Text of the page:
It's too bad the windsock writing his nonsense for the other local paper isn't living in mortal fear, too. Never fear! His own paper is a financial wreck about to collapse on itself... it's only a matter of time now. Yes Sox Fans, the future is delicious indeed!

The inflection point towards this new era for Sox Fandom makes the cliches we've learned and loathed completely irrelevant. However it is sometimes difficult for those who write about the team to see it. In fact it is even difficult sometimes for Sox Fans themselves to recognize it. The old behavior -- both the sportswriters' and our own -- simply doesn't fit anymore.

Having won a championship barely a year ago, Sox Fans have no good reason to panic over whether the core of their team has the championship pedigree. We KNOW they have the pedigree, because the very core of players to deliver the city's first baseball championship since the Wilson Administration is still here.

Having won a championship barely a year ago, Sox Fans have no good reason to hang their championship hopes on sophomore pitchers sporting lifetime 7-9 major league records and who never did get their act together pitching out of the bullpen. The fifth starter the 2007 Sox now figure to employ won't be any less a question mark than the one now departed to Texas -- in spite of patently absurd descriptions of his pedigree as a "polished workhorse" by not less than the primary baseball columnist in the city. Phil Rogers, you expect subscribers to pay money to read this crap?

Most of all, having won a championship barely a year ago, Sox Fans have no good reason to dig up a bunch old grievances with the team, the management, or its ownership. Nobody had more right to complain about any of this than did Sox Fans for the 88 years of bad teams, bad management, bad ownership, and sometimes just plain bad luck that followed us everywhere as surely as our own shadow. But as of October 26, 2005 it has all changed. You just sound silly, sniveling, and pathetic to drag up topics like the infamous White Flag trade of 1997 when complaining about the post-2005 White Sox. That old style behavior just doesn't cut it anymore.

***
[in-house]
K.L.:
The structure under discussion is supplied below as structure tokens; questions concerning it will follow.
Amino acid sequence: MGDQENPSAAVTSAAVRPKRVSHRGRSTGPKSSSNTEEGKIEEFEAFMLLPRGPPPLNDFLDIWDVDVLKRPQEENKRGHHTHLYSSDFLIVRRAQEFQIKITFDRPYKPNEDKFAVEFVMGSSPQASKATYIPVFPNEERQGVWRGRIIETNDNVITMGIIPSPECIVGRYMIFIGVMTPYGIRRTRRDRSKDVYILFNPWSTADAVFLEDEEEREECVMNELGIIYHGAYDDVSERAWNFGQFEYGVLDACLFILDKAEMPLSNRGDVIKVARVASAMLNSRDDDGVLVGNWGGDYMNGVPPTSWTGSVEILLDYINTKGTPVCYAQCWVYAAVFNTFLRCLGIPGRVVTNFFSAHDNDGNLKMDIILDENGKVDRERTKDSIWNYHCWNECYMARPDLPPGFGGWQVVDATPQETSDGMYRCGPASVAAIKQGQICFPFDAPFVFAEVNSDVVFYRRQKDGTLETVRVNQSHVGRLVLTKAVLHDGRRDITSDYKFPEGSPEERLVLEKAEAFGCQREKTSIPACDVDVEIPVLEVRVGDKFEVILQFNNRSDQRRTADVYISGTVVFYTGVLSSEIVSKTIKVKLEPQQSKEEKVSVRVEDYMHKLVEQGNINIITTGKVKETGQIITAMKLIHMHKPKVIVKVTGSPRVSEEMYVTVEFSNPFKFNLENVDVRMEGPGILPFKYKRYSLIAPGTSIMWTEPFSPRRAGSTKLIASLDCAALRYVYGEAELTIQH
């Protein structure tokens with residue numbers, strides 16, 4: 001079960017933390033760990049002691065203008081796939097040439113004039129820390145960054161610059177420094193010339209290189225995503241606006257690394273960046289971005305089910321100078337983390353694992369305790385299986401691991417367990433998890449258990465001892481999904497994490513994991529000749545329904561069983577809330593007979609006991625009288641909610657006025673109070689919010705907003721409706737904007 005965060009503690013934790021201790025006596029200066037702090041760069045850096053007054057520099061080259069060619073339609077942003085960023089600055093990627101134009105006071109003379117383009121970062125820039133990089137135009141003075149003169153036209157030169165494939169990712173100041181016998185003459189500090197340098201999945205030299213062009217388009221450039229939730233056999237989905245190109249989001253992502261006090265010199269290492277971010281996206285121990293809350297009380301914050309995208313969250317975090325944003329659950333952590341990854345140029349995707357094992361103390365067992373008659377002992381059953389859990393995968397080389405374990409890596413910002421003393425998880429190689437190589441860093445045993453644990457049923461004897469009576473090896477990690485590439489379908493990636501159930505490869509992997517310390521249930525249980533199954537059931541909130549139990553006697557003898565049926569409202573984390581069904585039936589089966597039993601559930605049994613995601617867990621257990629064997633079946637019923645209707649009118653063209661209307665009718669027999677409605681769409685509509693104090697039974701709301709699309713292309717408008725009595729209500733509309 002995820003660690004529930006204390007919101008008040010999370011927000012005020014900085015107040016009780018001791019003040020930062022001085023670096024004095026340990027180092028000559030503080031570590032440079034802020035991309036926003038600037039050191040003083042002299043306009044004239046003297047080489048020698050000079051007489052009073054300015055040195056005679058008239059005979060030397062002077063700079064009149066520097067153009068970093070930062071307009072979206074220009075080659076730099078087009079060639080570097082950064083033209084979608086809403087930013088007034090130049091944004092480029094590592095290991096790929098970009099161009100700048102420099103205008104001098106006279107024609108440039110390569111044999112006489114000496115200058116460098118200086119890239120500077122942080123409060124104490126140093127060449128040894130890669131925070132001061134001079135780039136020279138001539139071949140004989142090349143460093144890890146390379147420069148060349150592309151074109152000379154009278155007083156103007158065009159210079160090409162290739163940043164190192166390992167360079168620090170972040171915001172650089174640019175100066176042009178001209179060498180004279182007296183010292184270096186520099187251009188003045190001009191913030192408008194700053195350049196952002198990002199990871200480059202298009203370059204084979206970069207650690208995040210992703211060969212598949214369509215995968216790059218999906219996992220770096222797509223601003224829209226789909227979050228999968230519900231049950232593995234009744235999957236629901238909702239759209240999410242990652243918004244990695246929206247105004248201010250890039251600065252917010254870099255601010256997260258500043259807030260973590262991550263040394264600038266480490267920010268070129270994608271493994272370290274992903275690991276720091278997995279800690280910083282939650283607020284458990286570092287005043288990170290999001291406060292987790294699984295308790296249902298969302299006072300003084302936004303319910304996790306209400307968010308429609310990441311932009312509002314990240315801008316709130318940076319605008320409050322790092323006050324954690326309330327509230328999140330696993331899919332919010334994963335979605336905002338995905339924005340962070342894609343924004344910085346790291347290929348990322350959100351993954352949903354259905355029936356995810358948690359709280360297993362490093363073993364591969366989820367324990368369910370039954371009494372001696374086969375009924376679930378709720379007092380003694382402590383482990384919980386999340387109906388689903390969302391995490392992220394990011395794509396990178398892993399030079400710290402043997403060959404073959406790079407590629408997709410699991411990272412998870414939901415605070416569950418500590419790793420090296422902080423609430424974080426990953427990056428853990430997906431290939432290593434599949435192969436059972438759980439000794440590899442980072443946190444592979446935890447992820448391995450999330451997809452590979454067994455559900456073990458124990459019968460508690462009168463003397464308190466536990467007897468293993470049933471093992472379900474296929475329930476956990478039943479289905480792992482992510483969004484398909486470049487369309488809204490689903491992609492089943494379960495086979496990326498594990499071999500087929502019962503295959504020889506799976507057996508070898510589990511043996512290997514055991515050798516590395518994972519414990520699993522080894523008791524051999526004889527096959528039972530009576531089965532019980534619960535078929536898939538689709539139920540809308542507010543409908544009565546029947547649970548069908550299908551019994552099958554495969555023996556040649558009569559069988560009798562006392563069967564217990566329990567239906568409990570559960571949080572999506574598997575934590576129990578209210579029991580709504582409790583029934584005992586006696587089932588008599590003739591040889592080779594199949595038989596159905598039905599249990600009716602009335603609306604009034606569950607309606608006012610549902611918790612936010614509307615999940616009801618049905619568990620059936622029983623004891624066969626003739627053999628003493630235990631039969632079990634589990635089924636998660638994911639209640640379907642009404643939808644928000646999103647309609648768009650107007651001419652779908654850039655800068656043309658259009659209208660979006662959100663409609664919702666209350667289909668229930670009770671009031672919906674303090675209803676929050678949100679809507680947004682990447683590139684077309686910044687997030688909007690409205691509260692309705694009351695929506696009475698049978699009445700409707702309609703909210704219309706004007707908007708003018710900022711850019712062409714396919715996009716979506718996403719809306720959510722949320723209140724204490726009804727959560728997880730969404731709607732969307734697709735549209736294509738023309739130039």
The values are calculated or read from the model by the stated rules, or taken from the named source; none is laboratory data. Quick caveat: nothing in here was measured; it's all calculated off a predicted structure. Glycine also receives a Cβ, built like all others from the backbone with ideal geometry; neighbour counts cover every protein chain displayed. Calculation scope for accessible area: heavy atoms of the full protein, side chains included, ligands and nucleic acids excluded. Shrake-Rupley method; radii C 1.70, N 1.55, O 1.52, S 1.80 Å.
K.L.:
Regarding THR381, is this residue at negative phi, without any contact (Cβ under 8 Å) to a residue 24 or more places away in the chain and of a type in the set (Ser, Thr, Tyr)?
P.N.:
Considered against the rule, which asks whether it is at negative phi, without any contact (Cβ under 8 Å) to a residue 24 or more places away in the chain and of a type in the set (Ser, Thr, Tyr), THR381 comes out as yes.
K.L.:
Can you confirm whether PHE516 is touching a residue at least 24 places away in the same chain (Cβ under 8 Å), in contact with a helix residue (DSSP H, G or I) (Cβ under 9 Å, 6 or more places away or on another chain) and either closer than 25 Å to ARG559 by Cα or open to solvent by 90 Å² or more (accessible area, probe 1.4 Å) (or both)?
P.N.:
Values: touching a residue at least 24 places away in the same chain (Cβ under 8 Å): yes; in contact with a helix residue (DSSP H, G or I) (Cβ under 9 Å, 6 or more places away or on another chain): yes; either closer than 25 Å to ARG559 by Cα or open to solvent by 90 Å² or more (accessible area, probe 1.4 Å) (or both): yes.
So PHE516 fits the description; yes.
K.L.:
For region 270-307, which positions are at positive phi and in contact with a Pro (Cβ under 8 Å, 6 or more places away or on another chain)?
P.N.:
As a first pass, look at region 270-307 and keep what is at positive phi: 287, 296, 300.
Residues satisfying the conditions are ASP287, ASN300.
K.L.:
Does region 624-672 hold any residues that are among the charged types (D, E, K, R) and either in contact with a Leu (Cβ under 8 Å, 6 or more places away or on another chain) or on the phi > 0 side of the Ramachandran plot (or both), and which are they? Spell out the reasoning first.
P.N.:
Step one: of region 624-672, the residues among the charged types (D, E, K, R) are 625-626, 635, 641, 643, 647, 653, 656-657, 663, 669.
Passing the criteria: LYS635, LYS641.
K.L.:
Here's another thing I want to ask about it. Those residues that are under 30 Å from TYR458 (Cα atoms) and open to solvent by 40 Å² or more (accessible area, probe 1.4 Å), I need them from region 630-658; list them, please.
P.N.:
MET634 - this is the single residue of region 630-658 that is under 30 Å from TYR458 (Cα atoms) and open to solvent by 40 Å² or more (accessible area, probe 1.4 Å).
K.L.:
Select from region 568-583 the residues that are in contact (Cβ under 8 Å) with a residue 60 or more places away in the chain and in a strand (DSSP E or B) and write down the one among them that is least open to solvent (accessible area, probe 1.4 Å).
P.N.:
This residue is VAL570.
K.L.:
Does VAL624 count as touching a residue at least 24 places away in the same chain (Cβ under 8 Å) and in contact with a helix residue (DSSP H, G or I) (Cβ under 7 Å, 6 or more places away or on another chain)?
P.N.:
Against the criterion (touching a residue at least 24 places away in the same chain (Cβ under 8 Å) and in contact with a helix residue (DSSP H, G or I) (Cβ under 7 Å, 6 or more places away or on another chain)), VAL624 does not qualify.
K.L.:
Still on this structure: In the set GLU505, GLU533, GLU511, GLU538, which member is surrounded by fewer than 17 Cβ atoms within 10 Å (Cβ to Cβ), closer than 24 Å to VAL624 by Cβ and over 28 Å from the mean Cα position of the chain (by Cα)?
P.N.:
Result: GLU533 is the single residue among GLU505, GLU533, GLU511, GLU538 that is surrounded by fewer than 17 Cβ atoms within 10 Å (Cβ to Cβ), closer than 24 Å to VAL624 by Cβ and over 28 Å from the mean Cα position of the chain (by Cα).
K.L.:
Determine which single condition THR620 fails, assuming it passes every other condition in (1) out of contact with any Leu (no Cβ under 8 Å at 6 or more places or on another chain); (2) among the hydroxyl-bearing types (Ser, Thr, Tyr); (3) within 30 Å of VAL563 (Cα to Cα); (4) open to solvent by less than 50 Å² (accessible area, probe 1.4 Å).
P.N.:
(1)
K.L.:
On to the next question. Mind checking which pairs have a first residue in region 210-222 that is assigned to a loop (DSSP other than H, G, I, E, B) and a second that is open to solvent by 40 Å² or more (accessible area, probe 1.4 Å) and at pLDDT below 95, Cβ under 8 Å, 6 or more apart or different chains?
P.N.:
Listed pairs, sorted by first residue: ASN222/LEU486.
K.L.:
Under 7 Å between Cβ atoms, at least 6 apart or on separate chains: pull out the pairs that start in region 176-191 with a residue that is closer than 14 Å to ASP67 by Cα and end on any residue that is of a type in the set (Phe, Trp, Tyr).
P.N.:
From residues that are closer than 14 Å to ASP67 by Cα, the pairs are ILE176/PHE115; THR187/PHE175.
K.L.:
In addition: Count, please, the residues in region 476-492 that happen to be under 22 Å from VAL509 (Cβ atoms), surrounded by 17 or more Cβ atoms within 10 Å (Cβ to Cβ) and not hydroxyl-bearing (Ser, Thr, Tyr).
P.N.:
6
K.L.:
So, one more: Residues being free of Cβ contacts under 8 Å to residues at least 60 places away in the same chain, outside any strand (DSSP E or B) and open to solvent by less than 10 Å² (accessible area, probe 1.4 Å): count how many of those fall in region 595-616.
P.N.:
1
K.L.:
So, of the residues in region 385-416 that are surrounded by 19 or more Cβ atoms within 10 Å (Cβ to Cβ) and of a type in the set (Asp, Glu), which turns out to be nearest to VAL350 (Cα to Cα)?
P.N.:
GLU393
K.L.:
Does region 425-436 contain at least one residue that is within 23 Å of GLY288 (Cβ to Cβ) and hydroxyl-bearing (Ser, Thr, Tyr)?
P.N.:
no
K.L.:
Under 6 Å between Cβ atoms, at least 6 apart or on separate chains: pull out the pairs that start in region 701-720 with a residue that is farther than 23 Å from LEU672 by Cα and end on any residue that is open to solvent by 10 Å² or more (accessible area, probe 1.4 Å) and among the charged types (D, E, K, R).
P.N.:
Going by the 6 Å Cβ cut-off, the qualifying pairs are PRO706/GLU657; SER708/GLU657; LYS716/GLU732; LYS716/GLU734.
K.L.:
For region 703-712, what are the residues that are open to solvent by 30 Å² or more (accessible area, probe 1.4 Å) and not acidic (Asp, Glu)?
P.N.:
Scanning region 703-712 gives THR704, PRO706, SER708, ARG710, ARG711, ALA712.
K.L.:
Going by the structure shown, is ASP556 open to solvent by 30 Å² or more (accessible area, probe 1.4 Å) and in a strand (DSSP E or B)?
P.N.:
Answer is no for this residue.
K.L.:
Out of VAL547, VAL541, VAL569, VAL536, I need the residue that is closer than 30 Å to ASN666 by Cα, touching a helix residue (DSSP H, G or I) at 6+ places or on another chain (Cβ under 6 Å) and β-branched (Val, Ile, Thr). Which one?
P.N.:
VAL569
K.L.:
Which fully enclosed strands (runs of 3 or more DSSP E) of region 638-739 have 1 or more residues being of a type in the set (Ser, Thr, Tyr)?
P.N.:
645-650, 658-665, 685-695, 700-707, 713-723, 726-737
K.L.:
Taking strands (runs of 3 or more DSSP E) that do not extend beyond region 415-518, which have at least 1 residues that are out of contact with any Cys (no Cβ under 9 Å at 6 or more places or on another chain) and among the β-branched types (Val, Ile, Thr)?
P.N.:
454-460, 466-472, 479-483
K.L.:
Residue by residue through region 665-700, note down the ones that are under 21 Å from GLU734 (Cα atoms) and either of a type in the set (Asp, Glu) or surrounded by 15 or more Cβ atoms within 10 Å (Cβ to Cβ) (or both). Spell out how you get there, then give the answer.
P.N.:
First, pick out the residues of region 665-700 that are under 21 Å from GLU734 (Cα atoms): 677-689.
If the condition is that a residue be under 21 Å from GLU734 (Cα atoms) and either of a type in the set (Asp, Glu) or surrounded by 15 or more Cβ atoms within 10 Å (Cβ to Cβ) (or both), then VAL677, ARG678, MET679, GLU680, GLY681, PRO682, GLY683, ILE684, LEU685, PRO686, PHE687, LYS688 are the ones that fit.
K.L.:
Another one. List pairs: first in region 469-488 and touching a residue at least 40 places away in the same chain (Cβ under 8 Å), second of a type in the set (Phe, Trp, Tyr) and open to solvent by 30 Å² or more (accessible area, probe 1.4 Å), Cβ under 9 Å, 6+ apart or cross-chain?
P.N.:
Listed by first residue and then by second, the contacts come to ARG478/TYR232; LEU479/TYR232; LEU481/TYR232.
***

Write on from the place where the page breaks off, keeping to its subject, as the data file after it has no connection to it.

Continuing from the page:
The slate is clean. A new era has dawned. And now that the Sox aren't champions of baseball anymore, it's about time Sox Fans -- and our hometown media, too -- begin acting like we're supporting (and they're covering) an organization with championship pedigree. There is only ONE baseball team in Chicago serious about the subject and $300 million spent on the likes of career mediocrities such as Ted Lilly and Jason Marquis isn't changing this fact for any baseball fan -- or baseball sportswriter -- intelligent enough to smell panic (if not bullshit) emanating in unprecedented quantity from the other side of town..

Yeah, none of us have any experience with this. We need to learn fast.

George Bova is editor and founder of White Sox Interactive. You can write George at

More features from George Bova here!